The risk reduction measures required for the re-entry back on Earth of a spacecraft are regulated by stringent international requirements. According to the European Space Agency guidelines, the Safety Re-entry Area (SRA) shall delimit the area where the debris surviving the atmospheric entry are enclosed with a probability of 99,999%. Because of the extremely low probability level of interest (10^-5) and the large number of uncertain parameters, linked to
• the fragmentation process,
• the trajectory model,
• the initial conditions of the arc hitting the atmosphere,
calculating accurately such probability is a challenge, both in terms of the required data and the computational effort to translate those data into a probability estimate. Nevertheless, the events corresponding to the failure domain have consequences so catastrophic that their identification is strictly necessary in a reasonably short time to be able to prevent any risk for the population, air and naval traffic, and ground and sea assets. In addition, the computation of SRA is required for a significant number of space missions like spacecraft in low Earth orbits at their end of life and last stages of launchers that shall be controlled to a destructive re-entry. Developing an efficient algorithm able to cope with such complex problems is therefore of crucial importance in all these situations.
This paper describes an innovative method, called Inputs' Statistics, which has been proven very promising in this perspective. It has been distinguished in two ‘’versions’’:
• the Single Step algorithm, which provides a preliminary but fast and conservative estimation of the result;
• the Multistep algorithm, which gets a compromise with the Monte Carlo simulation to reduce the bias of the Single Step's result.
More specifically, with the Single Step algorithm, the probability of interest is computed integrating the known joint multivariate density function of the input variables and, then, an optimization process is used to find the minimum and maximum (worst) cases within a reduced set of inputs corresponding to a conservative estimation of the probability.
Three advantages can be recognized:
1. the probability estimate is directly derived by the causes of the problem (initial conditions and model dispersions) highlighting its physical explanation;
2. a large amount of computational time is saved since the Monte Carlo simulations are not required;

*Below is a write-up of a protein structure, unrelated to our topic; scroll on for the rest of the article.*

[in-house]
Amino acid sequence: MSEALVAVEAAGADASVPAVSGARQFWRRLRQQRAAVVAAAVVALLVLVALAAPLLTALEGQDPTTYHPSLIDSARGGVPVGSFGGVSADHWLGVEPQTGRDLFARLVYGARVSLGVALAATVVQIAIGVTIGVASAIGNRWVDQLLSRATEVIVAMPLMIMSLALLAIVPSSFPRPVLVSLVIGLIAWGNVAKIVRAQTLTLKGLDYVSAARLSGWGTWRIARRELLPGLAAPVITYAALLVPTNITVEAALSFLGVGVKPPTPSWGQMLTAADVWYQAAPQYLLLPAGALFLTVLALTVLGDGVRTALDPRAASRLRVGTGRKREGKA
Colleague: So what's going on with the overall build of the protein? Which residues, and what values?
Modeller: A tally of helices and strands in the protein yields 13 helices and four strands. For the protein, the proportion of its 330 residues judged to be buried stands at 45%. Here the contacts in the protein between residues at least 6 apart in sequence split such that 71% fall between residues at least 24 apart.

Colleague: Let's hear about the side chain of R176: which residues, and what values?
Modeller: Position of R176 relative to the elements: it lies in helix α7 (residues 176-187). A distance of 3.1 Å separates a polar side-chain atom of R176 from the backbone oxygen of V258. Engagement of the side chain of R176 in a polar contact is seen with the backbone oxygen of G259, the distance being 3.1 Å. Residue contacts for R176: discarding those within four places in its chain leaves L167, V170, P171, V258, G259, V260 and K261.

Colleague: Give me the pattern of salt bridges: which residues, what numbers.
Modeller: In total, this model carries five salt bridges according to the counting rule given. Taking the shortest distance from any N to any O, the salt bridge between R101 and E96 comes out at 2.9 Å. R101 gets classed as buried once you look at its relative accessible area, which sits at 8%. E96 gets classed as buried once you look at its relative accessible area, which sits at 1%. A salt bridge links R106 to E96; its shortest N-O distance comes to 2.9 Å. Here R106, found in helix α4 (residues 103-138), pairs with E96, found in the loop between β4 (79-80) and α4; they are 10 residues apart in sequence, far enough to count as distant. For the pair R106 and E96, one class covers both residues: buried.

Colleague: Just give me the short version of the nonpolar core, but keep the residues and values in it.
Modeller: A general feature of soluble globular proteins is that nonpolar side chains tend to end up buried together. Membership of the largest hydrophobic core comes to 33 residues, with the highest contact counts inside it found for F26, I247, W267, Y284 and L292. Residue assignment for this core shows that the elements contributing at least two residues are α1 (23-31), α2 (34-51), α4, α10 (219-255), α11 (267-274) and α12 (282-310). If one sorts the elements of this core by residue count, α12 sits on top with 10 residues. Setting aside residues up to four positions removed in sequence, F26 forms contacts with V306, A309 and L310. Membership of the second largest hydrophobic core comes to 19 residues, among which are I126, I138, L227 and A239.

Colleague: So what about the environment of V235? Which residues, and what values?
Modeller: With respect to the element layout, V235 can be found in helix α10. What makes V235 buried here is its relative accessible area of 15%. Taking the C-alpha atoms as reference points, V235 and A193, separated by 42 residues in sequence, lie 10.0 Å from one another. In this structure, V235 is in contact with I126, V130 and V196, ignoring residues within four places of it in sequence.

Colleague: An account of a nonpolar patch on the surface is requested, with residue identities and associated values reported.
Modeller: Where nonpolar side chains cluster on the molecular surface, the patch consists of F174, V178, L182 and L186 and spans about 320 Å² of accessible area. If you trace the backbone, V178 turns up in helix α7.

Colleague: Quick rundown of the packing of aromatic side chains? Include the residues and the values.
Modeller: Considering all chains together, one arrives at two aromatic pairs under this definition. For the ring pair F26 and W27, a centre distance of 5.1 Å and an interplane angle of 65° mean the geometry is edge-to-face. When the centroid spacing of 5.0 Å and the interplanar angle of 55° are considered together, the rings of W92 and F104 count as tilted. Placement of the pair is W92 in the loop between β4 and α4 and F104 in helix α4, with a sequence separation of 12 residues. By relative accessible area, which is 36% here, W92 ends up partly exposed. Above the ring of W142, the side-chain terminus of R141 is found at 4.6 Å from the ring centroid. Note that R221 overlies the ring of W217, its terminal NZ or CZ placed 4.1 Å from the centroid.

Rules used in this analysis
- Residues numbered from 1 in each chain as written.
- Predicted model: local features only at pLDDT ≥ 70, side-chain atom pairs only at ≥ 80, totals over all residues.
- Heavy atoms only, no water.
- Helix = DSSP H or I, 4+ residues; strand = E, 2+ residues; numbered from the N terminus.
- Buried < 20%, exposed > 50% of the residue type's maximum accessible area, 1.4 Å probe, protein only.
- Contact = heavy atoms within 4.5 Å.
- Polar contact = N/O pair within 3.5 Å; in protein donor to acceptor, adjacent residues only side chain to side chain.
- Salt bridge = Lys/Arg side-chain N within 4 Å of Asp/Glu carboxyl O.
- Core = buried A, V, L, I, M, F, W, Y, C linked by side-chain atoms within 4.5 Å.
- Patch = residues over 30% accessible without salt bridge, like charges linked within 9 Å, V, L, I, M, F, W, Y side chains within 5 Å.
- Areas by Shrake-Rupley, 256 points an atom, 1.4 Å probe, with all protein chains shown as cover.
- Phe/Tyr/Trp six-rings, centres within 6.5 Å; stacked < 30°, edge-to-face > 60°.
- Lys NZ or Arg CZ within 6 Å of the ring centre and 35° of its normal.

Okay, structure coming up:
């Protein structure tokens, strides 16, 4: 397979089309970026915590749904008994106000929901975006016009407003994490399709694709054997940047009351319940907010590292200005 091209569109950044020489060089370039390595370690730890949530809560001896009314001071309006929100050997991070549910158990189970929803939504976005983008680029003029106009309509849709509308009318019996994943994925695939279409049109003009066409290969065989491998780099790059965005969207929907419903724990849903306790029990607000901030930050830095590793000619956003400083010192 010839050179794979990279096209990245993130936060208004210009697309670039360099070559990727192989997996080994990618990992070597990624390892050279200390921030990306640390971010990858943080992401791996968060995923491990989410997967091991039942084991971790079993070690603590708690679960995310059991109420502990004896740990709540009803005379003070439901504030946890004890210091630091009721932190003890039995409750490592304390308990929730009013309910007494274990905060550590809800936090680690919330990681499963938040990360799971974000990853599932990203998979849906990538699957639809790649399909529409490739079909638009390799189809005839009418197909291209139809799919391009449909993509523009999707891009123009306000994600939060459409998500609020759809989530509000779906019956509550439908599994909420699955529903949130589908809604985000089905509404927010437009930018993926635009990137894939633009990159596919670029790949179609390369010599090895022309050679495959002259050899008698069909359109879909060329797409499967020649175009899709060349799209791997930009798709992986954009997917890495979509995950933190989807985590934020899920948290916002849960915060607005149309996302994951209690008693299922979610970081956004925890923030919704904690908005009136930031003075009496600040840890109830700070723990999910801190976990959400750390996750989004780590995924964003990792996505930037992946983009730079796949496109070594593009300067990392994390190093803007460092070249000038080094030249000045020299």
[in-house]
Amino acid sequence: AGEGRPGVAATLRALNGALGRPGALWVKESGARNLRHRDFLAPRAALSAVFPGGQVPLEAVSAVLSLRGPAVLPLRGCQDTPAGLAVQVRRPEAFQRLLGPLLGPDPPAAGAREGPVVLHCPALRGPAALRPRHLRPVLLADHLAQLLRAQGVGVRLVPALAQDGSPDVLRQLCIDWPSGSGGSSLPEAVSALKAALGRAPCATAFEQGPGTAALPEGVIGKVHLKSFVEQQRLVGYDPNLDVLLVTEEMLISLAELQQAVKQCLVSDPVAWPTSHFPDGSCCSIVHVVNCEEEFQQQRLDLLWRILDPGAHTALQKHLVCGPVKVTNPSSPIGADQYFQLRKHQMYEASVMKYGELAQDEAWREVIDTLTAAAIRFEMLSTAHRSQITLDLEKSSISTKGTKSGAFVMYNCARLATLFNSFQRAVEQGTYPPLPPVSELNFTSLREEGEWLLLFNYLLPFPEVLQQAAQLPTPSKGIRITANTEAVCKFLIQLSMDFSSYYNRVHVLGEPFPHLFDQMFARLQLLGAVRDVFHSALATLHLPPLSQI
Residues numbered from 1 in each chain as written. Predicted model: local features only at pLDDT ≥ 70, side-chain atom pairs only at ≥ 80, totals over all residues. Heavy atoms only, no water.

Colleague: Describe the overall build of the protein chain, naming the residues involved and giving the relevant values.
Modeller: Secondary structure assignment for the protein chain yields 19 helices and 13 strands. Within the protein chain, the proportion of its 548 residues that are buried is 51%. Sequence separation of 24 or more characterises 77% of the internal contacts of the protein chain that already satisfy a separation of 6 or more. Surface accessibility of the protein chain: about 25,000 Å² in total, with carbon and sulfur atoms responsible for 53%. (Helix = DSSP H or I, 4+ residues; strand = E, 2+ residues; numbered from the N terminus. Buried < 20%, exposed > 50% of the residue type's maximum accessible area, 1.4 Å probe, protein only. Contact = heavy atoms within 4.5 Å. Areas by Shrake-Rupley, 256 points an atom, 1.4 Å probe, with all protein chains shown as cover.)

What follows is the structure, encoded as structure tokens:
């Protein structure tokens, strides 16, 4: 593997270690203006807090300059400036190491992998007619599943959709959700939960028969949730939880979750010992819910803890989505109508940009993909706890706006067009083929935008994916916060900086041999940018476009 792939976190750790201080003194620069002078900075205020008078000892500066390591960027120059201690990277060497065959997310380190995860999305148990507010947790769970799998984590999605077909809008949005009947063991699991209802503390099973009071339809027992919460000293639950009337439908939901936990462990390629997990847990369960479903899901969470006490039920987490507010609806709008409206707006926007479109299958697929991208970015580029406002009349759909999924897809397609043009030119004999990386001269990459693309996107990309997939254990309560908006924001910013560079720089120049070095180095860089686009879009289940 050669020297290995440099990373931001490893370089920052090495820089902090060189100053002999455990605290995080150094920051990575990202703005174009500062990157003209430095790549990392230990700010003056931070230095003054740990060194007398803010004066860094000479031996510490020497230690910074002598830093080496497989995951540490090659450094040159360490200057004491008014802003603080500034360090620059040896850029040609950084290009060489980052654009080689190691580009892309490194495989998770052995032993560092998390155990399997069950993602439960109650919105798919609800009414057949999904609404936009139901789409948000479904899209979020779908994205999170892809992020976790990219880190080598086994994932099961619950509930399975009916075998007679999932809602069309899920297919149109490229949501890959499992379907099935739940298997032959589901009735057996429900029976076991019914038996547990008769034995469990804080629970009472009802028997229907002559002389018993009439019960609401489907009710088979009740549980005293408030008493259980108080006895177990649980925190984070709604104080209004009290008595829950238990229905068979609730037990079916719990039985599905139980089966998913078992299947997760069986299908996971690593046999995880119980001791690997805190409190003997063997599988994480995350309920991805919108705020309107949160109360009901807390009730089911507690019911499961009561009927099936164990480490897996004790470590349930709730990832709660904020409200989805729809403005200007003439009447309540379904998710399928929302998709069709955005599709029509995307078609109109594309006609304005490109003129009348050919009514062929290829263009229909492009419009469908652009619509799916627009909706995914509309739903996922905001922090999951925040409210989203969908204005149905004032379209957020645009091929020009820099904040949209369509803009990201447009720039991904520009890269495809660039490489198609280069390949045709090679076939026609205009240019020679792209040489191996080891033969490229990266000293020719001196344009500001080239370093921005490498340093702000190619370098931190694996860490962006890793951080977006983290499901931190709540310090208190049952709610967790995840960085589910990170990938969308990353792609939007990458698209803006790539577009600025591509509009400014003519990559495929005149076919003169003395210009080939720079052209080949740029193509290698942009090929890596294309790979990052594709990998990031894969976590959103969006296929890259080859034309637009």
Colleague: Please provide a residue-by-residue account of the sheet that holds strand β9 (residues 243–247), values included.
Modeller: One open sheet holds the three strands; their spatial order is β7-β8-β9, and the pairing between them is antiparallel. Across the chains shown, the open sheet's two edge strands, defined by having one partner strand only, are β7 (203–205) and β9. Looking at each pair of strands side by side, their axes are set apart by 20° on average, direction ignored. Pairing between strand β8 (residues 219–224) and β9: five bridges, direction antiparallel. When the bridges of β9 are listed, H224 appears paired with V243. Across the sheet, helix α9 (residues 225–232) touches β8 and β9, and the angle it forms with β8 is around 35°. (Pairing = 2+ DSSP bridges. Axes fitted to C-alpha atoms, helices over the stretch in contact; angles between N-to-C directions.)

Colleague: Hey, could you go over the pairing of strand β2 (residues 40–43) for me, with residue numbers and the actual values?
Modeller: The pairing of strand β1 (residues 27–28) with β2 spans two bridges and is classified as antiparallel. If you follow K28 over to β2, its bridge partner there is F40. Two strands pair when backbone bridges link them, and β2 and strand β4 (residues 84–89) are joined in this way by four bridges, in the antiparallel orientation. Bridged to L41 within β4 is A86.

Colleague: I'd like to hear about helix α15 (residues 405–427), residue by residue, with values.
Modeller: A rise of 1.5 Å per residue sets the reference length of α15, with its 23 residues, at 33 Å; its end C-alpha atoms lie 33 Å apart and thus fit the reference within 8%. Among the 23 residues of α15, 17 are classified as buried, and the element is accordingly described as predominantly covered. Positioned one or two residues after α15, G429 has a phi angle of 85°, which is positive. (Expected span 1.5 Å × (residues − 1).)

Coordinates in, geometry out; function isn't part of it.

3. the level of probability can be set arbitrarily small without having any impact on the computational time because it is not sensitive to the probability level to be achieved.
The main drawback of Single Step algorithm is related to the simplification that is introduced in the identification of the failure domain. This simplification leads to a bias on the probability estimate but it provides always a conservative solution to the problem. The Multistep algorithm starts from this preliminary result and corrects it by applying iteratively the Single Step algorithm alternated with ‘’smart’’ Monte Carlo simulations over input subsets characterized by low probability density. The number of samples that have to be propagated into the output through the transfer function is thus minimized.
The paper presents the results of the computation of the shallow re-entry SRA performed using the classical Montecarlo approach and this innovative approach. The results are compared highlighting advantages and drawbacks in terms of accuracy, level of conservatism and computational time.
The Inputs’ Statistics method is therefore suitable for many future applications taking advantage of its computational speed and reliability: the destructive controlled re-entry of large structures, including in particular the International Space Station (ISS) at its End of Life (EoL) disposal and the ISS visiting vehicles at its End of Life (EoL); the destructive re-entry of large uncooperative satellites orbiting LEO and MEO as conclusive event of the Active Debris Removal (ADR) technology; the destructive controlled re-entry of last stages of launchers.